Some of my regular readers noticed that I missed a blog post yesterday. I apologize for the missed day, but should also point out that I posted last Sunday, so I still got me 5 post in this week. Over the next week or so, I’ll be out of town a bit, but I’ll do all I can to keep up with my regular blog schedule.
As the halcyon days linger here in North Dakota land and I prepare for a mid-morning blast across the North Dakota prairie, I would be seriously remiss if I didn’t present a little gaggle of quick hits and varia.
- The Amphipolis tomb and Greek politics. As an important election looms, nothing is irrelevant.
- Papyrus, mummy masks, and cartonnage: a mummy, media, mystery! I think the idea of using cartonnage as a way to launder papyrus purchased on the open market is ingenious and disturbing.
- Some progress on decoding the Herculaneum Scrolls.
- For those of you who aren’t keep track. The St. Louis [soon to be formerly] AIA chapter did this, so the AIA did this. This is a classic, “oh no they didn’t, oh yes they did” situation.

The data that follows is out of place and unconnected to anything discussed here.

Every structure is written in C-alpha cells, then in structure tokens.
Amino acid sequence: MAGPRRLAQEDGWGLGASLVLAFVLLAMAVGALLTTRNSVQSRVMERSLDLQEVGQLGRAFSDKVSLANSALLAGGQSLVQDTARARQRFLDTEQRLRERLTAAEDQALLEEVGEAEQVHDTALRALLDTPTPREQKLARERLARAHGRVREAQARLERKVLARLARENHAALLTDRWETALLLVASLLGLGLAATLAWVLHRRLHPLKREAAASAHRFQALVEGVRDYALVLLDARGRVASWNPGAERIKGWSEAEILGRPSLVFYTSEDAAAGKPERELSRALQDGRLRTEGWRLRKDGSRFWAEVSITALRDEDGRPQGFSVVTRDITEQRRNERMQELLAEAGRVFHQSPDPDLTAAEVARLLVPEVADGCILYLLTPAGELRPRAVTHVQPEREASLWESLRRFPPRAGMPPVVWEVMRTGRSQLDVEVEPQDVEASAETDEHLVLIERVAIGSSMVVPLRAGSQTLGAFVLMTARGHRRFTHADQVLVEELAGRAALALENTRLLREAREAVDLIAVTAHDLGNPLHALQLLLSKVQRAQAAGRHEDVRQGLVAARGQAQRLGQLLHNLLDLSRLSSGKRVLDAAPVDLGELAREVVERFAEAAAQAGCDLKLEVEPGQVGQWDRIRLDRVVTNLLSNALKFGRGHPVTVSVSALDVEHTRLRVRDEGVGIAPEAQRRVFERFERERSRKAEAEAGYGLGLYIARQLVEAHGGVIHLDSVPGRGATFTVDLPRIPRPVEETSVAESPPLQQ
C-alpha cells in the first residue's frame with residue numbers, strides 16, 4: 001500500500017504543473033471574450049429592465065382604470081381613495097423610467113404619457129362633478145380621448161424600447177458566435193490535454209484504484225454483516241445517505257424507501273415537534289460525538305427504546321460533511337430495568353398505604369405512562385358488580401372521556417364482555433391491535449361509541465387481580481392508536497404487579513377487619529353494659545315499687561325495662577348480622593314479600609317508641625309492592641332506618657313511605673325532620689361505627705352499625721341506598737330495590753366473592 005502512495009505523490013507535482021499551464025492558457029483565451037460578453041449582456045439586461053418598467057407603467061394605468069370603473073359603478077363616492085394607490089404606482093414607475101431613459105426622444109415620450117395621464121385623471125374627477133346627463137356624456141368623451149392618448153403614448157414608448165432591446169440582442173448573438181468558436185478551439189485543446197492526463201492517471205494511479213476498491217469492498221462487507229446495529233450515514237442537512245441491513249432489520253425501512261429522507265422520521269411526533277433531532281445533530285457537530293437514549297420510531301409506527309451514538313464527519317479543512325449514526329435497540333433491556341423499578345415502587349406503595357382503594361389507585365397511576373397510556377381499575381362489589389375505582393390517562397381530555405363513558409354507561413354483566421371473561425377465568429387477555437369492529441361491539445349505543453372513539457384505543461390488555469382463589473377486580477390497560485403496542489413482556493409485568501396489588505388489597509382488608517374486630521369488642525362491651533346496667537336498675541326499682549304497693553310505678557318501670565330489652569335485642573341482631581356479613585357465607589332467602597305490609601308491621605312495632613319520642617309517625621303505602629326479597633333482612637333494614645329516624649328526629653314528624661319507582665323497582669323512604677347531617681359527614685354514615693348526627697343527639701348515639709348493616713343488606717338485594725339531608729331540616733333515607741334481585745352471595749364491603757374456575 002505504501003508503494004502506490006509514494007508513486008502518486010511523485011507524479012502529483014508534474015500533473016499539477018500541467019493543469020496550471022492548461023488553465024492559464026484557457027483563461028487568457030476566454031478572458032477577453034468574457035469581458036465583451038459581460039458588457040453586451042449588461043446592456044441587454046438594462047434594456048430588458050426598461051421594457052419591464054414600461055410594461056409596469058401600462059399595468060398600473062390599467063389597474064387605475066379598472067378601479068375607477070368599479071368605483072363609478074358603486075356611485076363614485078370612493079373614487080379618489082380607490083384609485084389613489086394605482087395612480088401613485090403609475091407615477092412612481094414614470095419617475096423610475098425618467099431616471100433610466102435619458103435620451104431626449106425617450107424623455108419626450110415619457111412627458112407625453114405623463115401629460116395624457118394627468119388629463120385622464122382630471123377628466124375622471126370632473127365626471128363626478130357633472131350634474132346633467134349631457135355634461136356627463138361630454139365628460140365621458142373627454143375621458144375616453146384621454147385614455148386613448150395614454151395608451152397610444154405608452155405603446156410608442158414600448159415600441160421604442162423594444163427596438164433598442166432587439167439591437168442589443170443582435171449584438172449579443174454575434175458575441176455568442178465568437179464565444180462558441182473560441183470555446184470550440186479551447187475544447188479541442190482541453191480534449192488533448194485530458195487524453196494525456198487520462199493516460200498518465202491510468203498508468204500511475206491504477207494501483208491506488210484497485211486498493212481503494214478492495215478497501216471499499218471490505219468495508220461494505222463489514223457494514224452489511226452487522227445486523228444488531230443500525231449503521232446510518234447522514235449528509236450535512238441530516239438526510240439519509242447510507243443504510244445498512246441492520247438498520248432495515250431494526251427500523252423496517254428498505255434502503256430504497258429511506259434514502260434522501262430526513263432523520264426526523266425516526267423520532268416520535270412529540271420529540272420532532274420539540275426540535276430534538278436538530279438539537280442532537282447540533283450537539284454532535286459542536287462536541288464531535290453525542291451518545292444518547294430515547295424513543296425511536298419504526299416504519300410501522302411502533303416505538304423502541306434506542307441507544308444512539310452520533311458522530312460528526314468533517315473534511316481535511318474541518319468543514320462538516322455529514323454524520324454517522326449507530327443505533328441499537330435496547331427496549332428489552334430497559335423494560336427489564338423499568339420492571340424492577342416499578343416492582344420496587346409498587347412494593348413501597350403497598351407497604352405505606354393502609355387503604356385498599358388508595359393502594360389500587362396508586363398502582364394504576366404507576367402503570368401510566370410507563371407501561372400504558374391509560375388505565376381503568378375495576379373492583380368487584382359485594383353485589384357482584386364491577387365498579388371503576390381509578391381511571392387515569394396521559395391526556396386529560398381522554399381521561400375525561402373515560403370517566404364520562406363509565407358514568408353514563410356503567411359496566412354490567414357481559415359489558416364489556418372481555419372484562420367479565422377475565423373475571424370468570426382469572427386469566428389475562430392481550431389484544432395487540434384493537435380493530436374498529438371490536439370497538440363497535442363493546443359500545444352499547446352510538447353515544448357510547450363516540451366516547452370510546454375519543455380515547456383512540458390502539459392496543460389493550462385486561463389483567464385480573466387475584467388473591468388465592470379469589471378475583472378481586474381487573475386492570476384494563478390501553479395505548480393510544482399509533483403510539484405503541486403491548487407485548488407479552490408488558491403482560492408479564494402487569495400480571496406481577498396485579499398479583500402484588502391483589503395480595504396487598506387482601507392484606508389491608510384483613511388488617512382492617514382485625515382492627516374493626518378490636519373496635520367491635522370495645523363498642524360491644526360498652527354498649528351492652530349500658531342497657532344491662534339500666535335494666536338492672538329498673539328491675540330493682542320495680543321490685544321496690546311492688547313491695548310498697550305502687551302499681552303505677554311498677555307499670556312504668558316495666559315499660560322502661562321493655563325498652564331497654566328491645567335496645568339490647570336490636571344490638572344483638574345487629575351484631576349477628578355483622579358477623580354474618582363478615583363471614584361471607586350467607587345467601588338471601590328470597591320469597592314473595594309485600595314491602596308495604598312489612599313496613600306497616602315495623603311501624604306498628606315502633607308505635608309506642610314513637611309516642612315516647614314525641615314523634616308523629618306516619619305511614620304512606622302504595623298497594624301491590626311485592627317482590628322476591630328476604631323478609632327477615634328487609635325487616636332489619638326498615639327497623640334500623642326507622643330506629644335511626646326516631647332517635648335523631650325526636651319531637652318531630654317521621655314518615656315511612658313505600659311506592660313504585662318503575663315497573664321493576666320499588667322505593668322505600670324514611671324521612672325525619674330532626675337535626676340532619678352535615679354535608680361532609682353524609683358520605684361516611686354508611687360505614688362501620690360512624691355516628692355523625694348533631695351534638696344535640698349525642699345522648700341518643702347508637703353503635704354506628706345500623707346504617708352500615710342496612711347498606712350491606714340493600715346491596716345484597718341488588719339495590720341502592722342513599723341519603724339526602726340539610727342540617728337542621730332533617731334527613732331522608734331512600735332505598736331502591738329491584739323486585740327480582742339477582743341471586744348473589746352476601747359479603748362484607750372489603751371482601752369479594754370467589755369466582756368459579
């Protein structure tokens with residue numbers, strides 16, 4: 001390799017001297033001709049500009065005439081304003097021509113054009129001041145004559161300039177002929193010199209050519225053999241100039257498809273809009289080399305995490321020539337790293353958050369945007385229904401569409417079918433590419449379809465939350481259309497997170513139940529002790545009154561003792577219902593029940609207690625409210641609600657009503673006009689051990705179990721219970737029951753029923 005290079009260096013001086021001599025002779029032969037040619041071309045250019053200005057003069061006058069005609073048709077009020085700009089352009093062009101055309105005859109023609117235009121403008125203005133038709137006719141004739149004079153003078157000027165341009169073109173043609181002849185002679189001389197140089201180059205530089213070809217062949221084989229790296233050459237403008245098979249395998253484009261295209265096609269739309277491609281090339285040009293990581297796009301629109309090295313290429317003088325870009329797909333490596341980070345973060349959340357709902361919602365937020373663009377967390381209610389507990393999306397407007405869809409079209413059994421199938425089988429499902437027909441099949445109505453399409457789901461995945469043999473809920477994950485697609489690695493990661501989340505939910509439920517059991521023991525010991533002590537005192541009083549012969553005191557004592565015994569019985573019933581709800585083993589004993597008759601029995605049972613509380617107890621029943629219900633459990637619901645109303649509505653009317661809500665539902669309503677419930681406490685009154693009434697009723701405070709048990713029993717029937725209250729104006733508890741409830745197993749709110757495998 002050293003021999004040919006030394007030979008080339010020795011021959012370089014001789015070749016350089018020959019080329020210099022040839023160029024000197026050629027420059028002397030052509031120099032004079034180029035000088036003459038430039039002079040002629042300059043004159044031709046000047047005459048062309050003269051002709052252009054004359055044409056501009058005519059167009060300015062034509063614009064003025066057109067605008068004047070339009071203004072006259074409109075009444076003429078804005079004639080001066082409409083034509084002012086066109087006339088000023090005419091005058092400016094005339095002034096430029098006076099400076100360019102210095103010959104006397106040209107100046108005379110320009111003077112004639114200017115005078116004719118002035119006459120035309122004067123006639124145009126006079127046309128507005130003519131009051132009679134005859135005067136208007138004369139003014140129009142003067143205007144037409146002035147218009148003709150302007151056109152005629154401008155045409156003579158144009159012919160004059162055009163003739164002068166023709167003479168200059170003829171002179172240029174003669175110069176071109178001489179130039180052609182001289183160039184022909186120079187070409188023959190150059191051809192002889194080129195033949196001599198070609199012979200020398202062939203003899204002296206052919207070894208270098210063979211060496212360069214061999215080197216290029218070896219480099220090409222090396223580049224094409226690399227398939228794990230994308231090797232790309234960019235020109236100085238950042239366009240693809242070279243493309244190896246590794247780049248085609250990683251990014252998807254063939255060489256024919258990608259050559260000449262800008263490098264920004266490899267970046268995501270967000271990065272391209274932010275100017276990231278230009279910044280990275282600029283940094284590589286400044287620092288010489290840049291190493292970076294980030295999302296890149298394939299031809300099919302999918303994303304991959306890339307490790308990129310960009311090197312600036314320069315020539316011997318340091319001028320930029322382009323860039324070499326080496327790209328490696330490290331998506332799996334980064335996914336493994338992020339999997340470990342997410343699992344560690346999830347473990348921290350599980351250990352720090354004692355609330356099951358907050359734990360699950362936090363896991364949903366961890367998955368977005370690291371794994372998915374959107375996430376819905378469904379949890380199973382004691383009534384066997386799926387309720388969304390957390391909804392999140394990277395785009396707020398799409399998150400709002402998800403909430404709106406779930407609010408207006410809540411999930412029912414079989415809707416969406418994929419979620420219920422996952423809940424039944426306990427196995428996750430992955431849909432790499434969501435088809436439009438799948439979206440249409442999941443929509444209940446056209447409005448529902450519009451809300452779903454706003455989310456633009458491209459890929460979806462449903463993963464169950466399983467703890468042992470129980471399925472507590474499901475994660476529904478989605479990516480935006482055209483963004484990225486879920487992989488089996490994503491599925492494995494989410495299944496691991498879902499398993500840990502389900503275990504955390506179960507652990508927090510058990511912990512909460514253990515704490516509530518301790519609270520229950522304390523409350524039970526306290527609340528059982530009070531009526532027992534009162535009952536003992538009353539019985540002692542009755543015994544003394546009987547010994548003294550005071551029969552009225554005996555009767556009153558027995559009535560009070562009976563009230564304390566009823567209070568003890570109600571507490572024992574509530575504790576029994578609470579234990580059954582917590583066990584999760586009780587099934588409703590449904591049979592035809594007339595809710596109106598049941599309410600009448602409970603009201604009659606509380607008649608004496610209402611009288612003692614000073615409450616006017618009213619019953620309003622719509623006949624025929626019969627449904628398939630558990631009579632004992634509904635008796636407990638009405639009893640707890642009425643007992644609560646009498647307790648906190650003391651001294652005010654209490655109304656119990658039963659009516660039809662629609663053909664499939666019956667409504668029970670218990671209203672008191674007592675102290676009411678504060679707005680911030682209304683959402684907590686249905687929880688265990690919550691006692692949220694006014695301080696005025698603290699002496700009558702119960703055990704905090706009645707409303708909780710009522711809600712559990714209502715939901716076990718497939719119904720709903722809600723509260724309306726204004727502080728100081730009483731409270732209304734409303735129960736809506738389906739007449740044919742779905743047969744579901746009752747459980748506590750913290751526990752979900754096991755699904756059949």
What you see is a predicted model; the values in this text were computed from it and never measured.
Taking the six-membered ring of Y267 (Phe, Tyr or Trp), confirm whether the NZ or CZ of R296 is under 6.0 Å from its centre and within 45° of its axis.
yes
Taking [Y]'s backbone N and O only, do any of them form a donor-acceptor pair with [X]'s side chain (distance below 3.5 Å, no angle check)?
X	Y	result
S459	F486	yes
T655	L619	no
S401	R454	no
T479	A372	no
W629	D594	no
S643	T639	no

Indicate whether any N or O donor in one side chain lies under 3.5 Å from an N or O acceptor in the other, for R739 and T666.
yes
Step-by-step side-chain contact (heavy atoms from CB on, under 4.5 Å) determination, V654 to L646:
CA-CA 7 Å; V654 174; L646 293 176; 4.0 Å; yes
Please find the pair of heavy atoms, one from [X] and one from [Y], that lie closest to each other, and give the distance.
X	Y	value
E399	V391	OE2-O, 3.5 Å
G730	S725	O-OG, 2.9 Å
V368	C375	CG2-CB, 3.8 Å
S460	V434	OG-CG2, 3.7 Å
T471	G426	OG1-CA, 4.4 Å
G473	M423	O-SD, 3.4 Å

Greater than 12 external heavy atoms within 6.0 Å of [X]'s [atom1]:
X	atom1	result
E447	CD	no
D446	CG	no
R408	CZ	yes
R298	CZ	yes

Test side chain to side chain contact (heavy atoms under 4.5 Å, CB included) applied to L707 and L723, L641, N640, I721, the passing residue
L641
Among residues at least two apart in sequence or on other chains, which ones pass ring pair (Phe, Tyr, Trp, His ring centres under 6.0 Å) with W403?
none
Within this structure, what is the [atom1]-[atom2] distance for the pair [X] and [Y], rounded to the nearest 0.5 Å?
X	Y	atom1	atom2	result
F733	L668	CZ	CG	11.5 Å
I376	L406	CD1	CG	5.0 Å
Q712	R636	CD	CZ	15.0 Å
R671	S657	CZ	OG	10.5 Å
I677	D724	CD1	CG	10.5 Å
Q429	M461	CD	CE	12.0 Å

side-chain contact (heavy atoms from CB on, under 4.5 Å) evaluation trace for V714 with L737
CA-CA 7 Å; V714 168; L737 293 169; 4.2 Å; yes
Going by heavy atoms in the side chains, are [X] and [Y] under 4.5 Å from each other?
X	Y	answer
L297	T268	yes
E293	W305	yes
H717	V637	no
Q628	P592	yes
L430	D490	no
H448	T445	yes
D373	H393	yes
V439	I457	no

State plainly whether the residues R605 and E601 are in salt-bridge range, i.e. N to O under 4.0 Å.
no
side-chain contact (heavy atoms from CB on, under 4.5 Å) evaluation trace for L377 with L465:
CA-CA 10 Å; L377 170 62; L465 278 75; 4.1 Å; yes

- A nice summary of digital and cyber-archaeology (that is archaeology conducted by and for cyborgs) at the ASOR annual meeting.
- The University of Sydney’s Lego Pompeii does include Steve Ellis with an iPad.
- A fantastic blog post on Punk Archaeology by Paul Mullins, and Andrew Reinhard’s paper from the Punk Archaeology panel at SHAs.
- Because Eric Cline’s book is not getting enough publicity, people are now reviewing the reviews of the book.
- Early Europeans apparently ate dogs and [honey] badgers. Archaeological evidence also suggested that the honey badger don’t care.
- The Pantone color of the year is Marsala, and Andrew Reinhard is right in the thick of it.
- A history of the Roma.
- Some neat stuff from a year with the North Dakota State Historical Society.
- Jane Jacob’s writing in Fortune in 1958 about American urban revival.
- I have a blog post brewing about the reasons for grade inflation.
- Atari: Game Over will be available on DVD on February 2nd, in plenty of time for Valentine’s Day! Watch me say the word “Strohs.”
- Vintage McIntosh gear. So, so sweet.
- What I’m reading: S.A. Harvey and D. G. Hunter eds., The Oxford Handbook of Early Christian Studies. Oxford 2008.
- What I’m listening to: William Onyeabor, Who Is William Onyeabor?; Sleater-Kinney, No Cities to Love (because if I didn’t, we’d get our Subaru card taken back.)
The Milo-Badger don’t care either.